“No, if anything it gets harder, because now you have something to gage it on. People can say ‘so how much money did your last film make? and it’s very difficult because when you raise money for a film, unless you are raising it from companies or government funding bodies, you’re raising it from people that could essentially make more money by investing their money into a myriad of other things. No one invests in a film to make money, they invest in a film for other reasons. To be part of something is one of those reasons. To be part of a cause or a piece of art that they can be proud of for the rest of their lives. And that is the promise that I always give people that were fortunate enough to have had invested in our films: I can’t promise you are going to make your money back, but I can promise that this will be something you will be really proud of for the rest of your life, and you’ll be able to talk about and share with other friends. If you stay true to that and if you can achieve that, it’s something that is priceless. That is kind of how I go about raising money but this film was financed by a group of incredible women and they all came together to form this collective that just helped finance this film. They all believed in the power of this story to inspire people to really help. Especially in America, the current administration has cut 80% of Arts Education from public schools because they don’t believe there is any positive outcome to adolescents from it. It’s so blatantly obvious to myself and my peers that Film, Art, and Fashion mean everything to young people. Going forward to recognise the importance of Arts Education in kids, I think it’s one of the things a lot of the people that invested in this film wanted to be part of that message”.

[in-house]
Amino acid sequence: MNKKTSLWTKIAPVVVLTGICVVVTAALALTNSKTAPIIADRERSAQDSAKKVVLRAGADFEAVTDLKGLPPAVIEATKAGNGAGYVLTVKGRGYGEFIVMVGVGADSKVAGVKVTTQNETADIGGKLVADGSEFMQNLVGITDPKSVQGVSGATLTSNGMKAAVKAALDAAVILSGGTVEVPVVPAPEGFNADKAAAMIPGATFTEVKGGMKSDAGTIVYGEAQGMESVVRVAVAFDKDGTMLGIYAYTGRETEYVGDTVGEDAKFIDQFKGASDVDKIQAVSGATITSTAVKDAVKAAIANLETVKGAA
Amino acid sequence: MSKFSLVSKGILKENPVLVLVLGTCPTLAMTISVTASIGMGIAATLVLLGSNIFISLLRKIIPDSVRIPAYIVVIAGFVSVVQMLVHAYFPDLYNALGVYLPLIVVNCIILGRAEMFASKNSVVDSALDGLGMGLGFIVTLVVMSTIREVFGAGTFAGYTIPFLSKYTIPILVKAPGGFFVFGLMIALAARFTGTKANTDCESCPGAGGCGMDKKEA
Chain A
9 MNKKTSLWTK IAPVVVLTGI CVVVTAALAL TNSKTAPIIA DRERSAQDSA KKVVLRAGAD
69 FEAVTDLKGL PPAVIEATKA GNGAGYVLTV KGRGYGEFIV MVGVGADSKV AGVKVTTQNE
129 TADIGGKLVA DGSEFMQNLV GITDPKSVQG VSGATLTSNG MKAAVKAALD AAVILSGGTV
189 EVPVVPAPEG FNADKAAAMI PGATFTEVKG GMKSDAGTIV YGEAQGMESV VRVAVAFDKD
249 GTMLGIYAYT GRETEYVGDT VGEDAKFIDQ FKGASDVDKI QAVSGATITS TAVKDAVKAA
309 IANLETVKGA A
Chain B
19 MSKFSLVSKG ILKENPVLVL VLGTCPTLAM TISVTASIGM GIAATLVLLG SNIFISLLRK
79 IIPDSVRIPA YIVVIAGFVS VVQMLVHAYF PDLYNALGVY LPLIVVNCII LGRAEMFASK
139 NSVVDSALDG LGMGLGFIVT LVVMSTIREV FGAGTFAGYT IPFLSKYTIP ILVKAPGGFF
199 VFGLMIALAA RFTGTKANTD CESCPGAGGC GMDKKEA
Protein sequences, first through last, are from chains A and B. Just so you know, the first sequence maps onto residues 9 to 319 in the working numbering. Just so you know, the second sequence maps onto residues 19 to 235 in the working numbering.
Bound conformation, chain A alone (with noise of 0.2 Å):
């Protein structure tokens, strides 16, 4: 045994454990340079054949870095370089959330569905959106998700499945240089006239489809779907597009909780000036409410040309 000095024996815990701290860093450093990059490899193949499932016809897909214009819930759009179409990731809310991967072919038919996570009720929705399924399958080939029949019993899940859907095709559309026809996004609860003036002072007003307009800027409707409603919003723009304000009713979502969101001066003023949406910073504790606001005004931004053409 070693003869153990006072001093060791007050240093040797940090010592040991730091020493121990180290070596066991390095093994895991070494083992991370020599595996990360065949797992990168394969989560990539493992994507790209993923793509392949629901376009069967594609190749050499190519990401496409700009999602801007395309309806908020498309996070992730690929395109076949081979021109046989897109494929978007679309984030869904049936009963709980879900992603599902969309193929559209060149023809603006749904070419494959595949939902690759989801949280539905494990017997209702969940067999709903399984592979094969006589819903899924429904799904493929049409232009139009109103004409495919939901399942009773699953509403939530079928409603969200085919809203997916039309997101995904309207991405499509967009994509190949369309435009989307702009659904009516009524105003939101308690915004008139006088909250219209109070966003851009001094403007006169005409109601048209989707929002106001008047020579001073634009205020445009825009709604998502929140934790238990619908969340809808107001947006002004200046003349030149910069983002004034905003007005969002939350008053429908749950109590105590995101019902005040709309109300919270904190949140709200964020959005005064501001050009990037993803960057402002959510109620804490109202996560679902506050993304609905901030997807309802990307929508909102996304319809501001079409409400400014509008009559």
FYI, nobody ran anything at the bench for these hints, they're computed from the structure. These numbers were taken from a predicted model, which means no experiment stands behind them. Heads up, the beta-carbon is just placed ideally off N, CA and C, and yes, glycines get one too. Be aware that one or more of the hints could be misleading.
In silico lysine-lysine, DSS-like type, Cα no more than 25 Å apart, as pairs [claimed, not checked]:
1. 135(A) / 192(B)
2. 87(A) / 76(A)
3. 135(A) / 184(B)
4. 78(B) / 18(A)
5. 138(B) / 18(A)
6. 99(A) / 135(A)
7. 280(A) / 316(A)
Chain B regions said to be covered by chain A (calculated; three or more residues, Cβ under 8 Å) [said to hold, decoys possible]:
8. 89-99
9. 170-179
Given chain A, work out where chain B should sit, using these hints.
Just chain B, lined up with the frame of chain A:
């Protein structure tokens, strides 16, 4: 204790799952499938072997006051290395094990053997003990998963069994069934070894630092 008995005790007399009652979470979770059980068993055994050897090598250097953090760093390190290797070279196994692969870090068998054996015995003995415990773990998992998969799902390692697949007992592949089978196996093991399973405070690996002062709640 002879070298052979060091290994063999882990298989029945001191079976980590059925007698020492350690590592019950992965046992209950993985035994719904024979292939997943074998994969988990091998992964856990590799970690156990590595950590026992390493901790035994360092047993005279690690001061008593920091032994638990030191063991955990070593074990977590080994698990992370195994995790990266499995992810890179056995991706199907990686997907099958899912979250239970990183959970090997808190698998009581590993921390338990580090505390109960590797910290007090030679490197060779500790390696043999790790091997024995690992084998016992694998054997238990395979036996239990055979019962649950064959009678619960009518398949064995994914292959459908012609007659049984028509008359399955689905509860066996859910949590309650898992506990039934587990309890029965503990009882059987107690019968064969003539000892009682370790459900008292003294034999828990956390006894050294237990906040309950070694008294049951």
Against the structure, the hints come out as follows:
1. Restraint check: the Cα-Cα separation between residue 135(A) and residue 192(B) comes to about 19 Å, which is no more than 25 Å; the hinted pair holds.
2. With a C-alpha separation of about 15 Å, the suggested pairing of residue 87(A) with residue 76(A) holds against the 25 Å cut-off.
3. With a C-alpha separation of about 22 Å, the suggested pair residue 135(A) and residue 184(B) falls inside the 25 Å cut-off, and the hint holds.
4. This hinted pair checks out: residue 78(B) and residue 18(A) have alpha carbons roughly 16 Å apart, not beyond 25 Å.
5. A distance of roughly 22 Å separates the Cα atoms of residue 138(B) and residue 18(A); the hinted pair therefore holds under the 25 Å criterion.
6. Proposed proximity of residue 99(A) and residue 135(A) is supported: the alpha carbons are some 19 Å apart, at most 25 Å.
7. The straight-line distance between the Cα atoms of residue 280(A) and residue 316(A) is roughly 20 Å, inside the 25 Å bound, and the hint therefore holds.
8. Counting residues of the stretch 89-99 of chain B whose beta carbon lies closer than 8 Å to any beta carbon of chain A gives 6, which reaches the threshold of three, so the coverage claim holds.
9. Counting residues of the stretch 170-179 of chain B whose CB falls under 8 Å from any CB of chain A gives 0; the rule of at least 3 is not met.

What are your hopes for the film?